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Kindergarten Students Across Boston Receive $50 In Saving Program

BOSTON (CBS) -- It's day one of kindergarten in Boston Public Schools, and each of the 5-year-olds started out with $50. The program is called Boston Saves and on Monday, it became citywide.

The money is to get families started on saving for college or other career training.

At the Roosevelt School in Hyde Park, kindergarten kicked off with excitement and nervousness. "It's probably harder for me than it is for my son. A lot of tears all around," said parent Jennifer Maylone during drop off.

The budding scholars didn't know it, but they were getting some money. "Every child, so over 4,000 kindergartners today, get $50 seed money," explained Gosia Tomaszewska, who manages Boston Saves.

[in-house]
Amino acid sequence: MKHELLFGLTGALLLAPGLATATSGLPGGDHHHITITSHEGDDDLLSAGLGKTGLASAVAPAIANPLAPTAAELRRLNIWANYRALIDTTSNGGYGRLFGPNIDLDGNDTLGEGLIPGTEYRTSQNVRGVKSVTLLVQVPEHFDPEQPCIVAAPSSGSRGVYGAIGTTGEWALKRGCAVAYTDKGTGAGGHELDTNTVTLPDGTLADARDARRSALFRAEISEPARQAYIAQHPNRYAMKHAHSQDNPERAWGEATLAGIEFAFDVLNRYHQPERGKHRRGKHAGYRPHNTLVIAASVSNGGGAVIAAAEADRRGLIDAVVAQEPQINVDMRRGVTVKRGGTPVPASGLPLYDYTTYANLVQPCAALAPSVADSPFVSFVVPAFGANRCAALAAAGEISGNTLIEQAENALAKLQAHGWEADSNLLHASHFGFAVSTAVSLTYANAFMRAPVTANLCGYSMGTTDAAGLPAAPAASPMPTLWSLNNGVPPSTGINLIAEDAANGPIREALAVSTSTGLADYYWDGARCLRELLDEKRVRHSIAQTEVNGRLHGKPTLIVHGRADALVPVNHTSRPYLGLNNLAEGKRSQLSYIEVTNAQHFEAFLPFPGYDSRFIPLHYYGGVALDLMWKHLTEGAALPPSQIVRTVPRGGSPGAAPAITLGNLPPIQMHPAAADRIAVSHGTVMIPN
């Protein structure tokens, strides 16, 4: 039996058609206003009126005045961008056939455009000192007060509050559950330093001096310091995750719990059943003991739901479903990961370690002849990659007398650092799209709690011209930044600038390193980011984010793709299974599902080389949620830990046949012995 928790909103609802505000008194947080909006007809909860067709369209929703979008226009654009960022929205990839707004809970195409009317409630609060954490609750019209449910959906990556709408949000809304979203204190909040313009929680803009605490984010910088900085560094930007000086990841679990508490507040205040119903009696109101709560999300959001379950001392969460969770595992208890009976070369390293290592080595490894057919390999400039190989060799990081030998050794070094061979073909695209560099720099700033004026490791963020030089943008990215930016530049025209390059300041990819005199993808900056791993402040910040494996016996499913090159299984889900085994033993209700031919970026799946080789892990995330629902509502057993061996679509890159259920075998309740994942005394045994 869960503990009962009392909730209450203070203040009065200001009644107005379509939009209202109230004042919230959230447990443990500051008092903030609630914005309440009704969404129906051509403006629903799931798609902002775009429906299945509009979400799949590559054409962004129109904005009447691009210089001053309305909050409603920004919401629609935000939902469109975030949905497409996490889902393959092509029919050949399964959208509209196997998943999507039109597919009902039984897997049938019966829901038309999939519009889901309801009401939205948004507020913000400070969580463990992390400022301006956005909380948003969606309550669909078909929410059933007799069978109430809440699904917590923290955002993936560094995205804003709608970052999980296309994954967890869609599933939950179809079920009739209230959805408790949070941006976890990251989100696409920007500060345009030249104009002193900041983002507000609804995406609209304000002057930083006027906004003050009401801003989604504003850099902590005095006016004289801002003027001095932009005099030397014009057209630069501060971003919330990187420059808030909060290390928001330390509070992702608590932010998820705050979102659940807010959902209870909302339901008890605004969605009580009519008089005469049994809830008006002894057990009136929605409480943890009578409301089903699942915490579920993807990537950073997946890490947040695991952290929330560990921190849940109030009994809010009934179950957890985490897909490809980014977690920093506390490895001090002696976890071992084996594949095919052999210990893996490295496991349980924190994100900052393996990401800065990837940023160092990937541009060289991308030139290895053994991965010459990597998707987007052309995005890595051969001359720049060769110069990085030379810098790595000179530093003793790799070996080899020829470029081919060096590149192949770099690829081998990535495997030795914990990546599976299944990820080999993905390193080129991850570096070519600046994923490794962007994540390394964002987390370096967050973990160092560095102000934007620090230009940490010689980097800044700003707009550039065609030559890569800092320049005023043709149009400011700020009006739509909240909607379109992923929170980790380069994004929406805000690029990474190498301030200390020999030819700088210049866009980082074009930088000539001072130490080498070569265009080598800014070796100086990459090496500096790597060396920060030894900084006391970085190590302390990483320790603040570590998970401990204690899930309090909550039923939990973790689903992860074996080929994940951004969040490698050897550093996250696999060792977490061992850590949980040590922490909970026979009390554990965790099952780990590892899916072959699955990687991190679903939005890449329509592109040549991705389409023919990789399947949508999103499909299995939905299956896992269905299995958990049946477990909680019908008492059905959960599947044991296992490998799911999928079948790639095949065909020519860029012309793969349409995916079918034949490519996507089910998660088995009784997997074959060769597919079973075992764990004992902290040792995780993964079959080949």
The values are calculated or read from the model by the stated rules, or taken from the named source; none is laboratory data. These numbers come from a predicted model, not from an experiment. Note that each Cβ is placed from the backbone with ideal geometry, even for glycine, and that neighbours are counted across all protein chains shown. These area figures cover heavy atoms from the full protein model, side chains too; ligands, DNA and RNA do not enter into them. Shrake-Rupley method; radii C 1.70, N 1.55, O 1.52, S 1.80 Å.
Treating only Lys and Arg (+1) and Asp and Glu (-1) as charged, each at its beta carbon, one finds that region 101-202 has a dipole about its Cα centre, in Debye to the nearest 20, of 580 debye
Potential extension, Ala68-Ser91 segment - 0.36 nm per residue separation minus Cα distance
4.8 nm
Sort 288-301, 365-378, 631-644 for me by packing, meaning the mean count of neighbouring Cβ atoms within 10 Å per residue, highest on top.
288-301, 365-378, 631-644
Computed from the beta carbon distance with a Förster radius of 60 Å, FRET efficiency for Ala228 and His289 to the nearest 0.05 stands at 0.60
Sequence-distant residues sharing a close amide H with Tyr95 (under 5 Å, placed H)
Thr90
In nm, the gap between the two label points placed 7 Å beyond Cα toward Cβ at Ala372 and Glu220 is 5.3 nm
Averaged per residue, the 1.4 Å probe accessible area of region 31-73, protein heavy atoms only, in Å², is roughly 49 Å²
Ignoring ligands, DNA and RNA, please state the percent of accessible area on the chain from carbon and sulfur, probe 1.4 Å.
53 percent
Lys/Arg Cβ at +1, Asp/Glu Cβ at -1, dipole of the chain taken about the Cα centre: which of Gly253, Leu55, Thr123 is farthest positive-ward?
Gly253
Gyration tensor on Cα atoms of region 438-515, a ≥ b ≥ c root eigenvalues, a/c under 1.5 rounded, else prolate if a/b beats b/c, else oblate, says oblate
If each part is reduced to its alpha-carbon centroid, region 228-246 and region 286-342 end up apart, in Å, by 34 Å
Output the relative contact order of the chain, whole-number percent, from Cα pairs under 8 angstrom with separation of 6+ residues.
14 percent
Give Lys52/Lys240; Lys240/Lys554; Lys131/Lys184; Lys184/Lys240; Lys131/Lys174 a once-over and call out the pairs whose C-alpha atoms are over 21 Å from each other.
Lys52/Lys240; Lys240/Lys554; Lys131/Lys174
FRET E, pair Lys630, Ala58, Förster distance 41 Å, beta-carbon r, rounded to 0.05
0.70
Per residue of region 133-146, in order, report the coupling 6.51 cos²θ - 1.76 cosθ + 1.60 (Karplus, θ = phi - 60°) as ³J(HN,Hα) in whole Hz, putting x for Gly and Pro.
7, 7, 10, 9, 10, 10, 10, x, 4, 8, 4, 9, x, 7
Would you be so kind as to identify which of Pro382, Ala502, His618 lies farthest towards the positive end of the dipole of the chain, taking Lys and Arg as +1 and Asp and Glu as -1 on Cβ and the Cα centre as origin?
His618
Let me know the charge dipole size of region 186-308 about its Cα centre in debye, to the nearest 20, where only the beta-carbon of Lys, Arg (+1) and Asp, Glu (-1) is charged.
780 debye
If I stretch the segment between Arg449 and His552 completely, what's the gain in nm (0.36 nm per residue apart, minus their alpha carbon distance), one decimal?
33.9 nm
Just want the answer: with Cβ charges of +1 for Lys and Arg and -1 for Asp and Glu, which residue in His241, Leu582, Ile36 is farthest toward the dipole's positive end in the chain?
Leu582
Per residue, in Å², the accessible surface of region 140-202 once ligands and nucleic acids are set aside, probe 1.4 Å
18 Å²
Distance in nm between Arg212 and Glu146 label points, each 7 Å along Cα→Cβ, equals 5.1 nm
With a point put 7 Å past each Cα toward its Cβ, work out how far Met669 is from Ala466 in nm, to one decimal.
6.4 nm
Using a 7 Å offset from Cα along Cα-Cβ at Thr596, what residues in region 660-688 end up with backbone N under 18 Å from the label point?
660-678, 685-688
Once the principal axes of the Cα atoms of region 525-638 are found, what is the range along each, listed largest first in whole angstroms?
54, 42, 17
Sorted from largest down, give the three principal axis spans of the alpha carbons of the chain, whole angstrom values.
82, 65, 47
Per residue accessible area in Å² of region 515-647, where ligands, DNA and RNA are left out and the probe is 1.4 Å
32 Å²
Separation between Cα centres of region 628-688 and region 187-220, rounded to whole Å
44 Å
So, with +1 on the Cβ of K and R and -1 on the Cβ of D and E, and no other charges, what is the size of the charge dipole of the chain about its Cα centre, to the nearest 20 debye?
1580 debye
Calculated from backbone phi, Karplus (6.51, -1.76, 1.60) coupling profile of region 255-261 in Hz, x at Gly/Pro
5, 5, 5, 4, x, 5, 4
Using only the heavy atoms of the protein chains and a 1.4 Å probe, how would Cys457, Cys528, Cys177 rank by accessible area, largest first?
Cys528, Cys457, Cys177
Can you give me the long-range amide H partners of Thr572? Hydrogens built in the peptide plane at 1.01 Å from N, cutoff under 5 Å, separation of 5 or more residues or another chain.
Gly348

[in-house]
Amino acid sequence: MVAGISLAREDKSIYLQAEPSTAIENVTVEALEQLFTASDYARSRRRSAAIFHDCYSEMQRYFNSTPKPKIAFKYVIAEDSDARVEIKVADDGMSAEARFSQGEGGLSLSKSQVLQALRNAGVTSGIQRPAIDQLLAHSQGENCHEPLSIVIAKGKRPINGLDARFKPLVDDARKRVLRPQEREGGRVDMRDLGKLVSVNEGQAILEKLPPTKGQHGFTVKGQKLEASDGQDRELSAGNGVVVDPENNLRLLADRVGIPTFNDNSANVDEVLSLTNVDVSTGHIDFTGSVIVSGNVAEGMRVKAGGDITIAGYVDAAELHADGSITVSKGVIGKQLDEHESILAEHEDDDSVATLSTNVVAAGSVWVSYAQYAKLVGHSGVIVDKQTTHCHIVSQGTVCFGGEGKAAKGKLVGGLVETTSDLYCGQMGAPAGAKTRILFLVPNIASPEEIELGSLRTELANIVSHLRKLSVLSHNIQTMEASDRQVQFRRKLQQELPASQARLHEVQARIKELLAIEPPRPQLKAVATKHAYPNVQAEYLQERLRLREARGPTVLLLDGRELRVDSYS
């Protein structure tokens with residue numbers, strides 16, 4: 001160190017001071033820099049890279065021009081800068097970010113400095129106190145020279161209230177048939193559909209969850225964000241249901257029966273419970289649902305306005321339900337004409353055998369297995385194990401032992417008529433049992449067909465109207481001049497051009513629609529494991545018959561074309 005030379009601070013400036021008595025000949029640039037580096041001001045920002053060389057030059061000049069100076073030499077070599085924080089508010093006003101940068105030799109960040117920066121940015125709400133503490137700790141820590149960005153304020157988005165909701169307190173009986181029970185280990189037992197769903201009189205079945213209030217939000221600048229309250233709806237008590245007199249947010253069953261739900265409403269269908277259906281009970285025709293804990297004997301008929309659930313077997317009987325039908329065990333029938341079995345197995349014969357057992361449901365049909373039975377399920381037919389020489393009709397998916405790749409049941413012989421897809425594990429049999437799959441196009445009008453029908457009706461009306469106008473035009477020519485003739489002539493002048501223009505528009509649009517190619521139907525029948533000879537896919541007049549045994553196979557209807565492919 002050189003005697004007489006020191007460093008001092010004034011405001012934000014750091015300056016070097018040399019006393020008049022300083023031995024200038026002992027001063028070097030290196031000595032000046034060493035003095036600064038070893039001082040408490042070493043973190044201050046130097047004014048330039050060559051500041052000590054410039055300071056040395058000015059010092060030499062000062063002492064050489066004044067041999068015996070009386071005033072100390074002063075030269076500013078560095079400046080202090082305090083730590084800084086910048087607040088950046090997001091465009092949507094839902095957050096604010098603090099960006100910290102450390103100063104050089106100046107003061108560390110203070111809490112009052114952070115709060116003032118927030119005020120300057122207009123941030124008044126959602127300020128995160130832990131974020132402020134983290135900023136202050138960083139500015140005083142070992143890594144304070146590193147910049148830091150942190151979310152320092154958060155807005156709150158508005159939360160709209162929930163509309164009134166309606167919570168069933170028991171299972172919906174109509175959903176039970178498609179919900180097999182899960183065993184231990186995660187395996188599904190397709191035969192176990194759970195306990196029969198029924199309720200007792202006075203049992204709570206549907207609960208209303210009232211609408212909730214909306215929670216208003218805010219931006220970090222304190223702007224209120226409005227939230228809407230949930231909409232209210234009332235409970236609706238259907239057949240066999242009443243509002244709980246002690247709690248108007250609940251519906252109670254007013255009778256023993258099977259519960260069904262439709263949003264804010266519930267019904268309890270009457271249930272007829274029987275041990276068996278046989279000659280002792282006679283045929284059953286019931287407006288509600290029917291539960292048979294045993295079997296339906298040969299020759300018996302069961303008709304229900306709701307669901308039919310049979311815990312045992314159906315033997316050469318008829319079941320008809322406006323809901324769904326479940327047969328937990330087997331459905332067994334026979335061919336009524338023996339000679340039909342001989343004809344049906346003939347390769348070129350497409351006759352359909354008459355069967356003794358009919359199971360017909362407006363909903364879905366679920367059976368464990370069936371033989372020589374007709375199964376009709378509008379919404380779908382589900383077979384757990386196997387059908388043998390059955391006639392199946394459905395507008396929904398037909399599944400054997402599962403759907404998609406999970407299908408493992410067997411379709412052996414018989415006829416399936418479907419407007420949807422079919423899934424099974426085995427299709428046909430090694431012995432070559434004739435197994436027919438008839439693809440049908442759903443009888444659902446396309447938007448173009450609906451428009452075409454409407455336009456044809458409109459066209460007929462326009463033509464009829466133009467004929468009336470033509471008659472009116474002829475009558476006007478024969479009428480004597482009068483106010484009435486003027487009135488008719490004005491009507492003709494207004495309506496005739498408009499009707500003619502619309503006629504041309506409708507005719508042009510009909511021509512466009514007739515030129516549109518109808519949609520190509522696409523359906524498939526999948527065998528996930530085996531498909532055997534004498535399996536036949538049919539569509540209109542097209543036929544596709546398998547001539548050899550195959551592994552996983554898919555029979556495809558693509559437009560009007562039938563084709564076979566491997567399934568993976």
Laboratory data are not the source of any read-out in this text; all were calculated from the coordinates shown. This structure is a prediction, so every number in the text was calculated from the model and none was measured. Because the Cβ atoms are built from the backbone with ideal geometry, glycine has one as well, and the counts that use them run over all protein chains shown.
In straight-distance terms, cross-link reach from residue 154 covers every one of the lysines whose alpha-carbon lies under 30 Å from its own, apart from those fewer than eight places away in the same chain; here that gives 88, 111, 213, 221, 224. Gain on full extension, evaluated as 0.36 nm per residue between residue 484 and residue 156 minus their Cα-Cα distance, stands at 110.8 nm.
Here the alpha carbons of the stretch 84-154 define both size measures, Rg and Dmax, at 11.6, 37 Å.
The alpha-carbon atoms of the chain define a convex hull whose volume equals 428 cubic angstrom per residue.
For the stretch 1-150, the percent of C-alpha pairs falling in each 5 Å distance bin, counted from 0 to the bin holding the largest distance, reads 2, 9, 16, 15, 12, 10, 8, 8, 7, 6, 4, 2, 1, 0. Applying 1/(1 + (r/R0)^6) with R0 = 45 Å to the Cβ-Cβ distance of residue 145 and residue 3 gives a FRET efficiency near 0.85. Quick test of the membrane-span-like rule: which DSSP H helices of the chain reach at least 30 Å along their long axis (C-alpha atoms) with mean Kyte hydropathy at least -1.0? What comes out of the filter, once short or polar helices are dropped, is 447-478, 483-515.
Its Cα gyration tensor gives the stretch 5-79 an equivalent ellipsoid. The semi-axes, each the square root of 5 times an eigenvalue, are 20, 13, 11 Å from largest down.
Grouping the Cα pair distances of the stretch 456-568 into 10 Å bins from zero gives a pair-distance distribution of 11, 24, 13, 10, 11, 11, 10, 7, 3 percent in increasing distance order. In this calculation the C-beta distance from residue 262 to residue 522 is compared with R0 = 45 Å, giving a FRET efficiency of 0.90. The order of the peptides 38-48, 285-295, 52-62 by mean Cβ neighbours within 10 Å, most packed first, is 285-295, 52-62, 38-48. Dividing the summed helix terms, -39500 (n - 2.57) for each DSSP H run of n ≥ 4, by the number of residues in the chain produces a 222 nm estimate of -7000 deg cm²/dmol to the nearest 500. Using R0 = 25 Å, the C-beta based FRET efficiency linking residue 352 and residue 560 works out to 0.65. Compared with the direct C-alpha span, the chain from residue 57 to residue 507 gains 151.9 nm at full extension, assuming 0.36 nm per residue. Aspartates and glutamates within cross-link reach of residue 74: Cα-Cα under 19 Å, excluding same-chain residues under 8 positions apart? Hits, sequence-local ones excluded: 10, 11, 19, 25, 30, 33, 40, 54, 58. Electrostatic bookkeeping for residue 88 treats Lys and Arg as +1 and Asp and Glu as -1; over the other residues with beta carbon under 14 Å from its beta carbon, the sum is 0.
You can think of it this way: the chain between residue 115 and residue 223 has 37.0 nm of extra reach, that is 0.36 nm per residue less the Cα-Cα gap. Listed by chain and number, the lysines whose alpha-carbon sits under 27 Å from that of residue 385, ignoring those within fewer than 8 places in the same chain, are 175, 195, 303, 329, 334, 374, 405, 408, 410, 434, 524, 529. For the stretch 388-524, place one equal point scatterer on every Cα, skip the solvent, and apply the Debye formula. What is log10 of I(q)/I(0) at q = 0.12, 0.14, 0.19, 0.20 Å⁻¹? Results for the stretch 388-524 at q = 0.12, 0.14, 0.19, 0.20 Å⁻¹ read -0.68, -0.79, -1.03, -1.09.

It started as a pilot program three years ago in 11 schools.

"It kind of makes you feel like you're doing the right thing," said Esmirna Soto, whose son Ezekial was in the pilot program. Esmirna works for the school system. "I think it's great because it helps parents start having those conversations early about planning for college," she added.

Each student is automatically enrolled in Boston Saves. They can't touch the $50 until after high school and only for college or other job training. Parents can also earn incentive payments. "They get incentives for linking their accounts, they get incentives for saving regularly," Tomaszewska said.

The seed money won't grow for the child. Instead, any interest will go back into the program. And of course, $50 won't even buy most college textbooks, but the goal is a lot broader.

"We are giving people a tool and money, but really what we're trying to do is start parents and kids thinking about the future early on. What is a better way to invest in the future of Boston and Boston's families than investing in our kids," Tomaszewska said.

The cost of Boston Saves is about $200,000 dollars for the city each year. There are also contributions from the private sector and non-profits. The state is piloting a similar program that goes statewide next year.

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